Property taxation with flat rate systems in Tanzania

Project State

The property tax system that the Tanzania Revenue Authority (TRA) inherited has a low proportion of total properties registered and an even smaller proportion valuated. It uses a valuation method that is regressive, expensive and significantly undervalues properties, and the effective tax rates are minuscule once true property value is taken into account.

A flat tax system could be a tool to expand the tax net radically and quickly, but there are serious challenges about ensuring equity and good revenue generation. Flat tax rates are applied in a number of countries (e.g. Baltic countries, USA), but a system of flat-tax – when the same tax amount is attached to all properties – has not attracted the attention of academia or the practitioners, because of rare appearance like the current rules in Tanzania.

The overarching objective of this study on property tax in Tanzania is to explore options, and test modalities and conditions for a banded flat-tax system for taxing real properties in a fair, efficient, and effective manner in Tanzania. The single levy that the Government of Tanzania has been considering is unprecedented in international comparison and it may reduce, instead of increase, tax revenues. However, testing a system of flat amount calibrated to the economic structure and characteristics of taxable properties and regions and cities is worth testing and may offer options and modalities for cost-effective increase of the tax base. The study is expected to inform TRA and the broader Government of Tanzania’s redesign of the property tax system, which is imminent.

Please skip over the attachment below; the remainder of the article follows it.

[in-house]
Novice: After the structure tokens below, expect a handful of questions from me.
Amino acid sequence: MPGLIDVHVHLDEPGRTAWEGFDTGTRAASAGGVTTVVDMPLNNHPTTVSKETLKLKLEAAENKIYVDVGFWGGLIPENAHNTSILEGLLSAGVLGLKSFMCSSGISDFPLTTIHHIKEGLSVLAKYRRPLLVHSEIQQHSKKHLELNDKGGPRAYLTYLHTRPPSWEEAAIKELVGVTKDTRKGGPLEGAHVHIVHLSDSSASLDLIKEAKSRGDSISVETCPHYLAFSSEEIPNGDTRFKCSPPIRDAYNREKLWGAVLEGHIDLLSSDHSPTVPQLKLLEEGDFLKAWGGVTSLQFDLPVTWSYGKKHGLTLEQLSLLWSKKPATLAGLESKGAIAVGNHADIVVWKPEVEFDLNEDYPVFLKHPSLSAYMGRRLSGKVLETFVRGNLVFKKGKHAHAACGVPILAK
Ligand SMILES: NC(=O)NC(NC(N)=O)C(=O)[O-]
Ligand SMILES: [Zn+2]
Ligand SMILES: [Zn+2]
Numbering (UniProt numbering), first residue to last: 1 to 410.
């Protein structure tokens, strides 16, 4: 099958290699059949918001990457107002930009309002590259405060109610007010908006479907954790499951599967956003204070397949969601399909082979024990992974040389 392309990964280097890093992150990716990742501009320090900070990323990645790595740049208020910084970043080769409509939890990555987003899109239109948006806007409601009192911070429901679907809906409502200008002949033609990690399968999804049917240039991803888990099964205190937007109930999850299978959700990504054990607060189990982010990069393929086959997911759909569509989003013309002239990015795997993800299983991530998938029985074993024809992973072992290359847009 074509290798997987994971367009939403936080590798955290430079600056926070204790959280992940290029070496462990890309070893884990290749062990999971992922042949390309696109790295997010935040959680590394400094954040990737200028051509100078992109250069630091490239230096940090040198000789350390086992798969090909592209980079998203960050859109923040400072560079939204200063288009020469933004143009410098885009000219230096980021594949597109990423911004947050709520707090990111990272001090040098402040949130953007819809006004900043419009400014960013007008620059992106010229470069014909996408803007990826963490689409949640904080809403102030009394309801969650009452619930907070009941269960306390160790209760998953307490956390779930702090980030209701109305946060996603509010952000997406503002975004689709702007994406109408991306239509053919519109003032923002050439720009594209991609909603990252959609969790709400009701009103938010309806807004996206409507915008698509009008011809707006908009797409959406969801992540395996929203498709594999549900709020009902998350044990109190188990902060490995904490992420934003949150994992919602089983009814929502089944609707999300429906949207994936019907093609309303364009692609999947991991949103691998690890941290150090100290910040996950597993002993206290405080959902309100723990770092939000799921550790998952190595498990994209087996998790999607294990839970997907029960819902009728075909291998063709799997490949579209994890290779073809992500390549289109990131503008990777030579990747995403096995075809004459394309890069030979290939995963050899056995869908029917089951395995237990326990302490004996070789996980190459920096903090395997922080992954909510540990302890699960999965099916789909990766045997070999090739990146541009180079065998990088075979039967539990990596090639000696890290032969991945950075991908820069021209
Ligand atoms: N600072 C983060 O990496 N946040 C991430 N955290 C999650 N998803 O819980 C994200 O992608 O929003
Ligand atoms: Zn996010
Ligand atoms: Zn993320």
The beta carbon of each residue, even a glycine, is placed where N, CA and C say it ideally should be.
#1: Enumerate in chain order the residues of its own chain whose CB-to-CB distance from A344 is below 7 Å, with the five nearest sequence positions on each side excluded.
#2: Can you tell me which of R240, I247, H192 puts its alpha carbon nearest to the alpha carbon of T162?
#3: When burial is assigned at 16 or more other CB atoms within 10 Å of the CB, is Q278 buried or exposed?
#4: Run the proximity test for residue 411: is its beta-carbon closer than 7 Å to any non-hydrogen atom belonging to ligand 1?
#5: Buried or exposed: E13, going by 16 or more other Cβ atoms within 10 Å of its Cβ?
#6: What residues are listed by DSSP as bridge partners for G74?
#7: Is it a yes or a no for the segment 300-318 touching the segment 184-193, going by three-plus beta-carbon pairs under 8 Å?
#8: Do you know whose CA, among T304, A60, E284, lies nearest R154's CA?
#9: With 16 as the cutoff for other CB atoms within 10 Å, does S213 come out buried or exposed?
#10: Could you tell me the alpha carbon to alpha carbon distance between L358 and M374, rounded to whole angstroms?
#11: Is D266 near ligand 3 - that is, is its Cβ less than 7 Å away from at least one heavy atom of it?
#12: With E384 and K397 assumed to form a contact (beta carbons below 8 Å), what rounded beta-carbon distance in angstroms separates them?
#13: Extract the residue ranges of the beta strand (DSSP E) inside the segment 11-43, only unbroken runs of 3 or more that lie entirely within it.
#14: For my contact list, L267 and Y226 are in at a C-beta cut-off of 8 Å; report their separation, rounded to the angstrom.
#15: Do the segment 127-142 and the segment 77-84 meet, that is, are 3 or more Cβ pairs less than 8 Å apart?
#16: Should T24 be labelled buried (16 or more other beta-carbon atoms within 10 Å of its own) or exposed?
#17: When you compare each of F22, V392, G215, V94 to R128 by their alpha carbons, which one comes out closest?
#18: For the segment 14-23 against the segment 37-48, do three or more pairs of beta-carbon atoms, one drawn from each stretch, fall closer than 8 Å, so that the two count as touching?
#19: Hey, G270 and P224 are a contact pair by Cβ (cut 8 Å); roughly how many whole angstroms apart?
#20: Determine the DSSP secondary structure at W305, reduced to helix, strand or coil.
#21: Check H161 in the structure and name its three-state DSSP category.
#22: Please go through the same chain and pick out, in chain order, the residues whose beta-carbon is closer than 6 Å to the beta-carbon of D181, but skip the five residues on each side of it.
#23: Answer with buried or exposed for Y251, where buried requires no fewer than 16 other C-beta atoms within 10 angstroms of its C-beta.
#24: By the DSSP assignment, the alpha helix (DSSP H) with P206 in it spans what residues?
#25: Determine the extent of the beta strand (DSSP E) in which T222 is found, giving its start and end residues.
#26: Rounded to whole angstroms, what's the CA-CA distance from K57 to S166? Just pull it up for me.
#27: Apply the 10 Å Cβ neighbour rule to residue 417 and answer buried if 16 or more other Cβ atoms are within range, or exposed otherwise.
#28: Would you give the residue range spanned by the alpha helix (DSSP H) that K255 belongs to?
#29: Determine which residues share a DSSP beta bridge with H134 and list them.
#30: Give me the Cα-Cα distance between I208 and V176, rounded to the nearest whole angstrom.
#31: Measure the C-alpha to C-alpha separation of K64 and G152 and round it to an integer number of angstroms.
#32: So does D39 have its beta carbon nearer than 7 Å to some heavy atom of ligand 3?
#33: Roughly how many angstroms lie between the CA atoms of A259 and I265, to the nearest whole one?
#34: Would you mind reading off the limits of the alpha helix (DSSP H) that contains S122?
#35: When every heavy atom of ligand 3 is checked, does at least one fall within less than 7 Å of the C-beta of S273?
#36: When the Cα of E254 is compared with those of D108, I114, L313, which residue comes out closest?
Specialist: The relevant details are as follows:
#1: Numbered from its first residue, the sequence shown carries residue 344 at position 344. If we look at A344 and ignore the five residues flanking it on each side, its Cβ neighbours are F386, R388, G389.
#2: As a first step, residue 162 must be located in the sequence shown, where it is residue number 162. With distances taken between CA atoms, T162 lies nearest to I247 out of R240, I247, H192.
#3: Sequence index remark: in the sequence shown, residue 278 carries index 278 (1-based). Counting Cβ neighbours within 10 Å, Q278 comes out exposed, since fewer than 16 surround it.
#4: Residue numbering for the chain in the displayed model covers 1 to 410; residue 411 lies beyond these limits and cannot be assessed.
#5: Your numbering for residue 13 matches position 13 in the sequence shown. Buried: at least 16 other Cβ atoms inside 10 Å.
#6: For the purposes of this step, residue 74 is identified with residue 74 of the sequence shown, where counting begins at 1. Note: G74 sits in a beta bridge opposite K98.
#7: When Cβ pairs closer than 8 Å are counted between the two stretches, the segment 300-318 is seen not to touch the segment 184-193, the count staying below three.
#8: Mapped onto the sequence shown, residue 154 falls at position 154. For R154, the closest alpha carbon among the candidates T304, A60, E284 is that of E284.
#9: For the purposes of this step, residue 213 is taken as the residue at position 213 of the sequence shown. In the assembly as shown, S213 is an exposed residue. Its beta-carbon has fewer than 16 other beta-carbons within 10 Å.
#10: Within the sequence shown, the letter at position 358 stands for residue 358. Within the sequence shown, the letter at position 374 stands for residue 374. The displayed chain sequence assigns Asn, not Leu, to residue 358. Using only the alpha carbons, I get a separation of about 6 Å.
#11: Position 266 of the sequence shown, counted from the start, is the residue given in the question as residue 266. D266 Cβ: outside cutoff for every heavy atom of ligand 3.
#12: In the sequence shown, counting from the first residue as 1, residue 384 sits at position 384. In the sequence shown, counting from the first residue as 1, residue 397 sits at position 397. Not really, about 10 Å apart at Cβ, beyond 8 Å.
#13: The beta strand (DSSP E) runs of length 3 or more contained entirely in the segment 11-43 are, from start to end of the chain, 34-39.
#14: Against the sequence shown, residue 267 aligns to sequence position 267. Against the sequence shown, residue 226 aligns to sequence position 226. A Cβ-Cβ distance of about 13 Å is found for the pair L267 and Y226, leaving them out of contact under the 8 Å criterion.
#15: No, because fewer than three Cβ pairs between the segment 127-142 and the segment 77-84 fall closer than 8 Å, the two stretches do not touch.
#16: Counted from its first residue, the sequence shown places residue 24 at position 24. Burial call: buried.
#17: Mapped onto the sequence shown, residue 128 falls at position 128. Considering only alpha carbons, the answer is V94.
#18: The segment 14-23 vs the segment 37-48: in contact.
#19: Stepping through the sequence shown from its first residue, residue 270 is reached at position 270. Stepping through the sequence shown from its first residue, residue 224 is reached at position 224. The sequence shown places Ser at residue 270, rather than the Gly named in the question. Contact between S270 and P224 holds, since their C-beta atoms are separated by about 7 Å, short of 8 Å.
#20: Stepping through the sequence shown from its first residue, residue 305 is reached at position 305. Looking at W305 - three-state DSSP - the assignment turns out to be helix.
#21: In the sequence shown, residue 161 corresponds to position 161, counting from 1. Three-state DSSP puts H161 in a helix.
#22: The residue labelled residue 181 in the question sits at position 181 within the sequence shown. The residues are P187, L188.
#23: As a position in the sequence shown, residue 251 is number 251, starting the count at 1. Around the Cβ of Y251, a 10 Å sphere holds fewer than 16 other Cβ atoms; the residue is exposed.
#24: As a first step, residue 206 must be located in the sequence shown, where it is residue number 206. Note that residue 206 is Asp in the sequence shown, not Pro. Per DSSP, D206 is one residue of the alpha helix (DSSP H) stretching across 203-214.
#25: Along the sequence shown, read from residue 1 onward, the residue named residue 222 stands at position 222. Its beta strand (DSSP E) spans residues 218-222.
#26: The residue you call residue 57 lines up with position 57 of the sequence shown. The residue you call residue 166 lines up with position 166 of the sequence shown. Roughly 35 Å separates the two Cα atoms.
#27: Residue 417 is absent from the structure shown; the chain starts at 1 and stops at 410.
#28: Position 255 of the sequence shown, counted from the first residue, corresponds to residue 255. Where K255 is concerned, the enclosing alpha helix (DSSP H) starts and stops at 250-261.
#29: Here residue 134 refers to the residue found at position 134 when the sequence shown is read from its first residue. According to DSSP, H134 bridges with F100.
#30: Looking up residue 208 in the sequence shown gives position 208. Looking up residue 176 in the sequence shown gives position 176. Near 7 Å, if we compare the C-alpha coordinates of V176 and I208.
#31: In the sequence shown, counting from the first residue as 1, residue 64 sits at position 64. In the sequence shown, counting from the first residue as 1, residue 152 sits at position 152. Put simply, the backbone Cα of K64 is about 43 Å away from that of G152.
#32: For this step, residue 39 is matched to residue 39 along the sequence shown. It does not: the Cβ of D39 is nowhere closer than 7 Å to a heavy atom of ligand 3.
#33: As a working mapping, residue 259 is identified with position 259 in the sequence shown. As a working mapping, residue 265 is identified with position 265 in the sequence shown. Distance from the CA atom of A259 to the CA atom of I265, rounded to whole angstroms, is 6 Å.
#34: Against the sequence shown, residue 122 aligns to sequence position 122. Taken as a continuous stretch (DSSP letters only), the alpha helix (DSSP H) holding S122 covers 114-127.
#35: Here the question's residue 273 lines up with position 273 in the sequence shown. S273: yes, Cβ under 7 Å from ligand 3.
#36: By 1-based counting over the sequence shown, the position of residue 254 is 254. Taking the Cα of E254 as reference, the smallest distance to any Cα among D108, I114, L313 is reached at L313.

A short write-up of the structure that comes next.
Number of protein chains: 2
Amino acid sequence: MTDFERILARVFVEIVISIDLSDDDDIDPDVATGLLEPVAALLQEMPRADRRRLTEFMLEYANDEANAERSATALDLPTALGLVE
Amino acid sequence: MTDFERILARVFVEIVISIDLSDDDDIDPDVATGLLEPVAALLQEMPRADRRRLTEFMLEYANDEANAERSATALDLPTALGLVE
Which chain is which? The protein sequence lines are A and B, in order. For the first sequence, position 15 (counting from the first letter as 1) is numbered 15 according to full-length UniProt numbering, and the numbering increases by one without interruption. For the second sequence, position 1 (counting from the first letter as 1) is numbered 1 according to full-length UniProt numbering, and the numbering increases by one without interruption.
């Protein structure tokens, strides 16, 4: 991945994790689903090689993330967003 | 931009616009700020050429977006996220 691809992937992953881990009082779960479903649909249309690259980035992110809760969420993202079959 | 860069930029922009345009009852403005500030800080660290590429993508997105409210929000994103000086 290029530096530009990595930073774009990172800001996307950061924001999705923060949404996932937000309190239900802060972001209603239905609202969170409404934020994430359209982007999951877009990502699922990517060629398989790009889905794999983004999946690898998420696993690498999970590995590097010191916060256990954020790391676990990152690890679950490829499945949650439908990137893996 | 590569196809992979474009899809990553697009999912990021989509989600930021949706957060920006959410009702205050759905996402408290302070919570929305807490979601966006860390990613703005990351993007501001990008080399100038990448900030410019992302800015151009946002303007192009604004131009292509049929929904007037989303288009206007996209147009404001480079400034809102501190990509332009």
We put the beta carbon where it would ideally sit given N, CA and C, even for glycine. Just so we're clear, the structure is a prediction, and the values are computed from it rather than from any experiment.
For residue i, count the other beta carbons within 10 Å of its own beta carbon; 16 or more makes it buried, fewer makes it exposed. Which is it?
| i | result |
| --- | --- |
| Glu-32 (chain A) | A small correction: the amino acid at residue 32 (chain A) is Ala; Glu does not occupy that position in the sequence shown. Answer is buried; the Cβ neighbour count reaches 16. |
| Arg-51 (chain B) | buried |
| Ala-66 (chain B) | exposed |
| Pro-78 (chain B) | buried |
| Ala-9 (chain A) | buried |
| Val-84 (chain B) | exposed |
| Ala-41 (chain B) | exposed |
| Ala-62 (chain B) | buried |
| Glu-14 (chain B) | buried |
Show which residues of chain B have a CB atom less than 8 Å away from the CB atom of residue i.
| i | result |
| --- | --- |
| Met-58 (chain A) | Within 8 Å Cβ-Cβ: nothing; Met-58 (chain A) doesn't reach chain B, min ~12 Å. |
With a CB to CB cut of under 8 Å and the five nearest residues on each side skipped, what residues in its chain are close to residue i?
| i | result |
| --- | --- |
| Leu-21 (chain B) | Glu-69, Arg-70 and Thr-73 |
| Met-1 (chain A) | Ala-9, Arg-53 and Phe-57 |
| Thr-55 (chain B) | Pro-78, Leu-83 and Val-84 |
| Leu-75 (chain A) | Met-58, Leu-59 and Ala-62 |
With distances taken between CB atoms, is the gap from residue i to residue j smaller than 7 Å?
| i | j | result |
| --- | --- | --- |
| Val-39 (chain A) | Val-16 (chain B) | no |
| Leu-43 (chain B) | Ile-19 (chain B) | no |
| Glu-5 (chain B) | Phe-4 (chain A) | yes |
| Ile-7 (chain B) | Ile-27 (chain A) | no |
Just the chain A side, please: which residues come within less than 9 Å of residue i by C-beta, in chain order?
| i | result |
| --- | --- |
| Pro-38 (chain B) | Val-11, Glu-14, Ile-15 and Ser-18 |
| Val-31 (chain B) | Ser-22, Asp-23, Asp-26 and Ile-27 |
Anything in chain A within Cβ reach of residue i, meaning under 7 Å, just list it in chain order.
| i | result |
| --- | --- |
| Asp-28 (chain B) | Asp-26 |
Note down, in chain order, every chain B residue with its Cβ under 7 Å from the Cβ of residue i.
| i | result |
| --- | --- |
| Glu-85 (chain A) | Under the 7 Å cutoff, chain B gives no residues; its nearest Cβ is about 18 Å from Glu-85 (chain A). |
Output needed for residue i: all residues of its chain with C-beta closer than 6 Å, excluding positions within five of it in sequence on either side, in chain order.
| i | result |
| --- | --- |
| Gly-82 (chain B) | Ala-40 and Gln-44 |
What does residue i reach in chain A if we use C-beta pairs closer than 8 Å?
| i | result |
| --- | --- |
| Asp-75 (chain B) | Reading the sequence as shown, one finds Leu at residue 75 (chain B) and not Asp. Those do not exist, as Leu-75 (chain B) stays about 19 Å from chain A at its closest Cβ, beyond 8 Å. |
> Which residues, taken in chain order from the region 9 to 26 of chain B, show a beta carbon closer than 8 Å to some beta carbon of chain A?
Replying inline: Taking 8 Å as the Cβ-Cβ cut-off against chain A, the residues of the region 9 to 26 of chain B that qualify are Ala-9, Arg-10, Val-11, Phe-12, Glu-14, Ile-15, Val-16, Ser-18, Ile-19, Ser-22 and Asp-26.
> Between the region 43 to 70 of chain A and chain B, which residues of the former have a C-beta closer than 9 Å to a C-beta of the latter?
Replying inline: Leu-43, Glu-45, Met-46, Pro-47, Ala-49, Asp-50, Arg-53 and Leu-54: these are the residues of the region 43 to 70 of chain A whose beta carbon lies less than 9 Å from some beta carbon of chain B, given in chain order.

TRA administrative data of the existing property tax system provides a rich factual base for analysis; but this study will require special structuring and cleaning of TRA data as well as supplementation with a moderate volume of new data too, which the project team will collect, alongside with TRA officers. The team will define clusters of properties relevant to consistently map the universe of properties existing in Tanzania. This will be done such that properties in each cluster are sufficiently similar for taxation purposes and therefore can be considered as a homogeneous group, similar to the banded approach used for council tax in the UK. The data analysis and model testing will follow simplified mass valuation methodologies to ensure statistically verifiable and cost-effective definition of clusters, and estimation of comparative property values to serve as a basis for defining flat tax rate for each cluster.